Home rule decision could bring better future
By opting for home rule, the Altoona Government Study Commission “poured the footer” on Monday for what has the potential to be a better financial future for the Mountain City.
The next step is to make the important decisions regarding how home rule might most effectively benefit Altoona for many years hence.
Actually, this step is more important than the task just completed. If the commission is not bold enough in selecting the “nuts and bolts” of the new home rule government to recommend, the city will not fully capitalize on the potential benefits and efficiencies made possible by Monday’s vote.
The commission must choose a form of government that would operate best in “tomorrow’s” Altoona. Based on the commission’s meetings, it appears that the study group will opt for a strong-mayor government, as some former mayors have recommended.
Beyond that, the commission is tasked with drawing up a charter detailing the operations of the new government and how that system will be funded.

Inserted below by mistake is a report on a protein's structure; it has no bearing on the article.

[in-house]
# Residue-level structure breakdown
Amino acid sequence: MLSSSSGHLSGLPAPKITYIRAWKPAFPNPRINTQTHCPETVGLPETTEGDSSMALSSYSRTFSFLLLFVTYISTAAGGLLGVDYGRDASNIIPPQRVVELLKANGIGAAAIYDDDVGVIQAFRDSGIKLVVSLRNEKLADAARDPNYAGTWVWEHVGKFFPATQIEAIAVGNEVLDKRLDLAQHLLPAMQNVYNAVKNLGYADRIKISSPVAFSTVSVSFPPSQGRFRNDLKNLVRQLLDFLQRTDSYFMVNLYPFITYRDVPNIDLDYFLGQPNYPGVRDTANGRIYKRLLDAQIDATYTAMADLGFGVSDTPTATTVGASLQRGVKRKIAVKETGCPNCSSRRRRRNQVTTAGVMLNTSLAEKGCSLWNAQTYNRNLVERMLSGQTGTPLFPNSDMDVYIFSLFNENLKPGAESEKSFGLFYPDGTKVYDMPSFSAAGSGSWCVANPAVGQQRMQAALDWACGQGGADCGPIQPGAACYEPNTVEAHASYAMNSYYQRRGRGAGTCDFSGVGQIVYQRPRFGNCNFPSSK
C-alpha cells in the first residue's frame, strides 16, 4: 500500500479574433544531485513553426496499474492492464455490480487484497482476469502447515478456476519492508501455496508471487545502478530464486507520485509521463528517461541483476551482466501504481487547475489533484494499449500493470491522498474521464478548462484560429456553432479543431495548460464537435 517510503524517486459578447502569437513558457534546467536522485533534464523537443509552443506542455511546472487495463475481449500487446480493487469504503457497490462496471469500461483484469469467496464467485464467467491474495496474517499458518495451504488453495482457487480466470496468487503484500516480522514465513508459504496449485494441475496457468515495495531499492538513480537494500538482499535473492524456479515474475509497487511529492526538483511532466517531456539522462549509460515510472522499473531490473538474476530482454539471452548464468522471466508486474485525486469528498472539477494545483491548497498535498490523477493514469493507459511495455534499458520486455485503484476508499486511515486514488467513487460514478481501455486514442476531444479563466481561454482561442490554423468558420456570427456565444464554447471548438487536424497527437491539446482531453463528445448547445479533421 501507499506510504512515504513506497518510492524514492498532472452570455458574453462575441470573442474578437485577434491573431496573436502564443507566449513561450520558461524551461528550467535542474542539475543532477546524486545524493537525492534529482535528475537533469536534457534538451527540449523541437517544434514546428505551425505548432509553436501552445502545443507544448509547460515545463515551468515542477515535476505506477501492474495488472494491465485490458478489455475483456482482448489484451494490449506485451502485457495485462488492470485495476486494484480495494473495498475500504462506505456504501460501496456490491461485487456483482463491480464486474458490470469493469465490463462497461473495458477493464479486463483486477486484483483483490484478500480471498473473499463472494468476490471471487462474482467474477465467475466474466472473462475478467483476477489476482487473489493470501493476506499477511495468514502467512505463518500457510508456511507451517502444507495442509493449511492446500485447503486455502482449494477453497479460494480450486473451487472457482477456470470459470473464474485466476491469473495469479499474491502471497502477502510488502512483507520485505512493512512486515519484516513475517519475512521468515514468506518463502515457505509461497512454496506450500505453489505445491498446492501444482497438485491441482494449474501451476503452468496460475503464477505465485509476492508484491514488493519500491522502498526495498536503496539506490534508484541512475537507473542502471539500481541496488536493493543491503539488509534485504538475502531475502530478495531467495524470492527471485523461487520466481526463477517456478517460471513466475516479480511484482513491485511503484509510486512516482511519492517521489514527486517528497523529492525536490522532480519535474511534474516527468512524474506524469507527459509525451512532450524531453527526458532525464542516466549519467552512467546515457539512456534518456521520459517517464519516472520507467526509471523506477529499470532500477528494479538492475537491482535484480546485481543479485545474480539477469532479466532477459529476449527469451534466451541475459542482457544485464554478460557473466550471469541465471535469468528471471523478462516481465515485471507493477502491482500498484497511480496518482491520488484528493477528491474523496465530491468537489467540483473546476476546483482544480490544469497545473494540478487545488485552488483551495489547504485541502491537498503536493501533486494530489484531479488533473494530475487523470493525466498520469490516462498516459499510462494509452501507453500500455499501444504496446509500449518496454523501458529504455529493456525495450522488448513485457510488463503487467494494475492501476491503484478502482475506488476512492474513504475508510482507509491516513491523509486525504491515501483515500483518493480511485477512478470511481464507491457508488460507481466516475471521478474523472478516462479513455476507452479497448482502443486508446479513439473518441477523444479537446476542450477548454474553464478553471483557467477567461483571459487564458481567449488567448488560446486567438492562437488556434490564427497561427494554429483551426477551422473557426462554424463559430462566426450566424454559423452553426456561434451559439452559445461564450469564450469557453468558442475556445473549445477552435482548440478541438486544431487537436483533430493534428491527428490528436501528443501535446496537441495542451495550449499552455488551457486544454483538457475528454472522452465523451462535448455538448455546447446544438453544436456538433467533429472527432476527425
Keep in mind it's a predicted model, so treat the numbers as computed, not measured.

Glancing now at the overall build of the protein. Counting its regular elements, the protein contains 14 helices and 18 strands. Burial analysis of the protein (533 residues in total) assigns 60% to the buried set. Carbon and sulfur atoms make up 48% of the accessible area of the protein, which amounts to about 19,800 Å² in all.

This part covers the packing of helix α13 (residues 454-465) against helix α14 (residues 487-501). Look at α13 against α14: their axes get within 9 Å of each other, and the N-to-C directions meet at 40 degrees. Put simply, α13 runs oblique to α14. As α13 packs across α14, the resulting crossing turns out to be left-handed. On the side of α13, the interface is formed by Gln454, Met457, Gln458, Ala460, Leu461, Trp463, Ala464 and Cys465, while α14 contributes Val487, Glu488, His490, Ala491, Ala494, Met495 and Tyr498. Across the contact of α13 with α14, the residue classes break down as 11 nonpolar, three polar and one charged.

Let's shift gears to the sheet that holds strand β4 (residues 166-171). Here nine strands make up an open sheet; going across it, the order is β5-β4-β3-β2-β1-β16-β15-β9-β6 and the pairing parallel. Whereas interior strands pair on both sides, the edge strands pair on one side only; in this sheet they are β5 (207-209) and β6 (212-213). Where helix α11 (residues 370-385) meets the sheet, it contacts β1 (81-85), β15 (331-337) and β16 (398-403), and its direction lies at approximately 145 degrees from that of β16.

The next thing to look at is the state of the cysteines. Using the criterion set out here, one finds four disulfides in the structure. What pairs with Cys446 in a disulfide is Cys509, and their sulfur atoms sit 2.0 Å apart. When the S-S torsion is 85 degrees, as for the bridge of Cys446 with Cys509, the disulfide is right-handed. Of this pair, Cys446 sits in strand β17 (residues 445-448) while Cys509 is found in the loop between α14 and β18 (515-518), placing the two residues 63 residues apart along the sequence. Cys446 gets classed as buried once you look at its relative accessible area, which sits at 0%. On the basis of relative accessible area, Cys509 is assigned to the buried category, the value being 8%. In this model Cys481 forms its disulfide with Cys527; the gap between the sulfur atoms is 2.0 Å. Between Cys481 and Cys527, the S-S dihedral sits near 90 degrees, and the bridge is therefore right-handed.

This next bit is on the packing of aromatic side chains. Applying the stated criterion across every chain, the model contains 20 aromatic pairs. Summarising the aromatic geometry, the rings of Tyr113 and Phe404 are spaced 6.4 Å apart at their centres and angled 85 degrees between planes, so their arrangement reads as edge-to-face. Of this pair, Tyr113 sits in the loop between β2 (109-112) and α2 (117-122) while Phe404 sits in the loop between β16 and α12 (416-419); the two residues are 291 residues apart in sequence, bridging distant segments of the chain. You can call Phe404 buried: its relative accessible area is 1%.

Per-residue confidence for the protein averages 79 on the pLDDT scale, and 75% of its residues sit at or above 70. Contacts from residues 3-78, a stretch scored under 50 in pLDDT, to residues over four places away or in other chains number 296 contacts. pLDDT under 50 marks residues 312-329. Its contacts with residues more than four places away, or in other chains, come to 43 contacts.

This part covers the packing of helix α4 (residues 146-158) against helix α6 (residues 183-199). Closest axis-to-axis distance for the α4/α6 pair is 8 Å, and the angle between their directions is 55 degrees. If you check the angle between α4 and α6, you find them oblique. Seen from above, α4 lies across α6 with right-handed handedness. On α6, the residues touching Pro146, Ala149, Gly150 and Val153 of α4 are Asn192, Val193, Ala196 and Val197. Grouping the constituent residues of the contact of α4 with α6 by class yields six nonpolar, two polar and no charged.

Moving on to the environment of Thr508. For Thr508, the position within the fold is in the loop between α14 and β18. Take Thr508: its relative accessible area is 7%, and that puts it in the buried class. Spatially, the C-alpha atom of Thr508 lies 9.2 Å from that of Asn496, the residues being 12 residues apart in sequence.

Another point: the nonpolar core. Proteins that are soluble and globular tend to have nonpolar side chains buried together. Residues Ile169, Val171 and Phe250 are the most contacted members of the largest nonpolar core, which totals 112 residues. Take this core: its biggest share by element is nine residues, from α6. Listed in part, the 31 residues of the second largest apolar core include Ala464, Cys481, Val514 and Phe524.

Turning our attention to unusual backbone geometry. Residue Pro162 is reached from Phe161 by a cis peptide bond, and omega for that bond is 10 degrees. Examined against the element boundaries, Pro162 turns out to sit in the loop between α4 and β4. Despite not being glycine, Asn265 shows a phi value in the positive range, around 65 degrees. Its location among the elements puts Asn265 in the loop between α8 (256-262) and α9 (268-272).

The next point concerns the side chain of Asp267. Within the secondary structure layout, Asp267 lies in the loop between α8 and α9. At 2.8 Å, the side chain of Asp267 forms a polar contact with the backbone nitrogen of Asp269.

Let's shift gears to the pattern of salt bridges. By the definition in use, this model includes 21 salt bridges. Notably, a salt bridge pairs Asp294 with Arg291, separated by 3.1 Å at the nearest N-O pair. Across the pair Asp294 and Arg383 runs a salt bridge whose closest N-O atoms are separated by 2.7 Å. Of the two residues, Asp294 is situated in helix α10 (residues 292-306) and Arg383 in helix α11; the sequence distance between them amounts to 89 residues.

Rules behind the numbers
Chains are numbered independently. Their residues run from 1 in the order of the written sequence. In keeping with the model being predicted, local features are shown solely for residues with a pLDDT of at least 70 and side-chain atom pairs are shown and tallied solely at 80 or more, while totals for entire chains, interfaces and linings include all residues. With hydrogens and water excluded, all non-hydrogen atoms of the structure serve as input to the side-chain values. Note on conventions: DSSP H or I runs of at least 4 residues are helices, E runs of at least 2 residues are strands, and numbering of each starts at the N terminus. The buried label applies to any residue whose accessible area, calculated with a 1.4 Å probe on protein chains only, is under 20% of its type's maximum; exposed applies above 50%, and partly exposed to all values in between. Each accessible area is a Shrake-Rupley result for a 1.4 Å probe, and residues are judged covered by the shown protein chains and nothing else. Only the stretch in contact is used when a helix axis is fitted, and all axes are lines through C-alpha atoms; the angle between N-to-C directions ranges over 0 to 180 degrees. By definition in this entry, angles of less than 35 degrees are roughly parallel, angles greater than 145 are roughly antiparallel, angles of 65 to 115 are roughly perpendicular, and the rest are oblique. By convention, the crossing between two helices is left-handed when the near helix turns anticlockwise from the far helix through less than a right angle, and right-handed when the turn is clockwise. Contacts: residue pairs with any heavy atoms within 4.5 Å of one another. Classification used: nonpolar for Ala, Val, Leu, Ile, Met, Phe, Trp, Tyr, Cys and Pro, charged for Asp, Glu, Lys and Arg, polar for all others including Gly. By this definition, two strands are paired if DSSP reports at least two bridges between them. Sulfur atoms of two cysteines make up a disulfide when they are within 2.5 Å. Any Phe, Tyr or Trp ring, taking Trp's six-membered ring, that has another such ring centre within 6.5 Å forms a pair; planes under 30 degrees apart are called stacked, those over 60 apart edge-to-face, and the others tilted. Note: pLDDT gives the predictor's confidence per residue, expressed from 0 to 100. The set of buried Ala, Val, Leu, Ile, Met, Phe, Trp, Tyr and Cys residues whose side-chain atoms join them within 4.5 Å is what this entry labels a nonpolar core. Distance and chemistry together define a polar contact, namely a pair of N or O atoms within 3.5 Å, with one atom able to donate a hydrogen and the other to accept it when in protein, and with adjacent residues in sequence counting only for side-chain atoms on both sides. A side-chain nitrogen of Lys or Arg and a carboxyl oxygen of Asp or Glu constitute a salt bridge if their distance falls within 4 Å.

The commission should heed one of the major recommendations voiced by Allentown Mayor Ed Pawlowski on Monday prior to the study group’s home rule vote – that the commission not make Altoona’s new charter too restrictive.
Altoona residents should pay attention to the charter-preparation process ahead and not be reluctant to voice opinions because city voters will be saying yes or no to a proposed charter, probably next November.
Commission Chairman Wayne Hippo, a former Altoona mayor, was right in urging an “aggressive” charter-preparation schedule to have adequate time to educate voters about the proposed charter’s provisions prior to the November 2014 election.
Besides writing the charter, the commission must present that document at a public hearing, after which the commission must have time to make final adjustments, based at least in part on comments presented at the hearing.
From the commission’s standpoint, putting the proposed charter before the voters in time for next November’s election is imperative. Missing that date would require commission members to lobby for the charter’s approval after having disbanded.
Hippo was correct in observing that that would weaken commission members’ efforts to urge approval.
A new governmental structure is viewed as the mechanism by which Altoona can exit state Act 47 fiscally distressed status. While a godsend in one sense, Act 47 doesn’t enhance the city’s efforts to put forth a strong image.
Nevertheless, a new charter – even the best charter possible – can’t guarantee fiscal prosperity. The success of home rule will depend on the right people being elected to implement the charter’s provisions.
The commission has “poured the footer.” Now the “construction” must begin in earnest.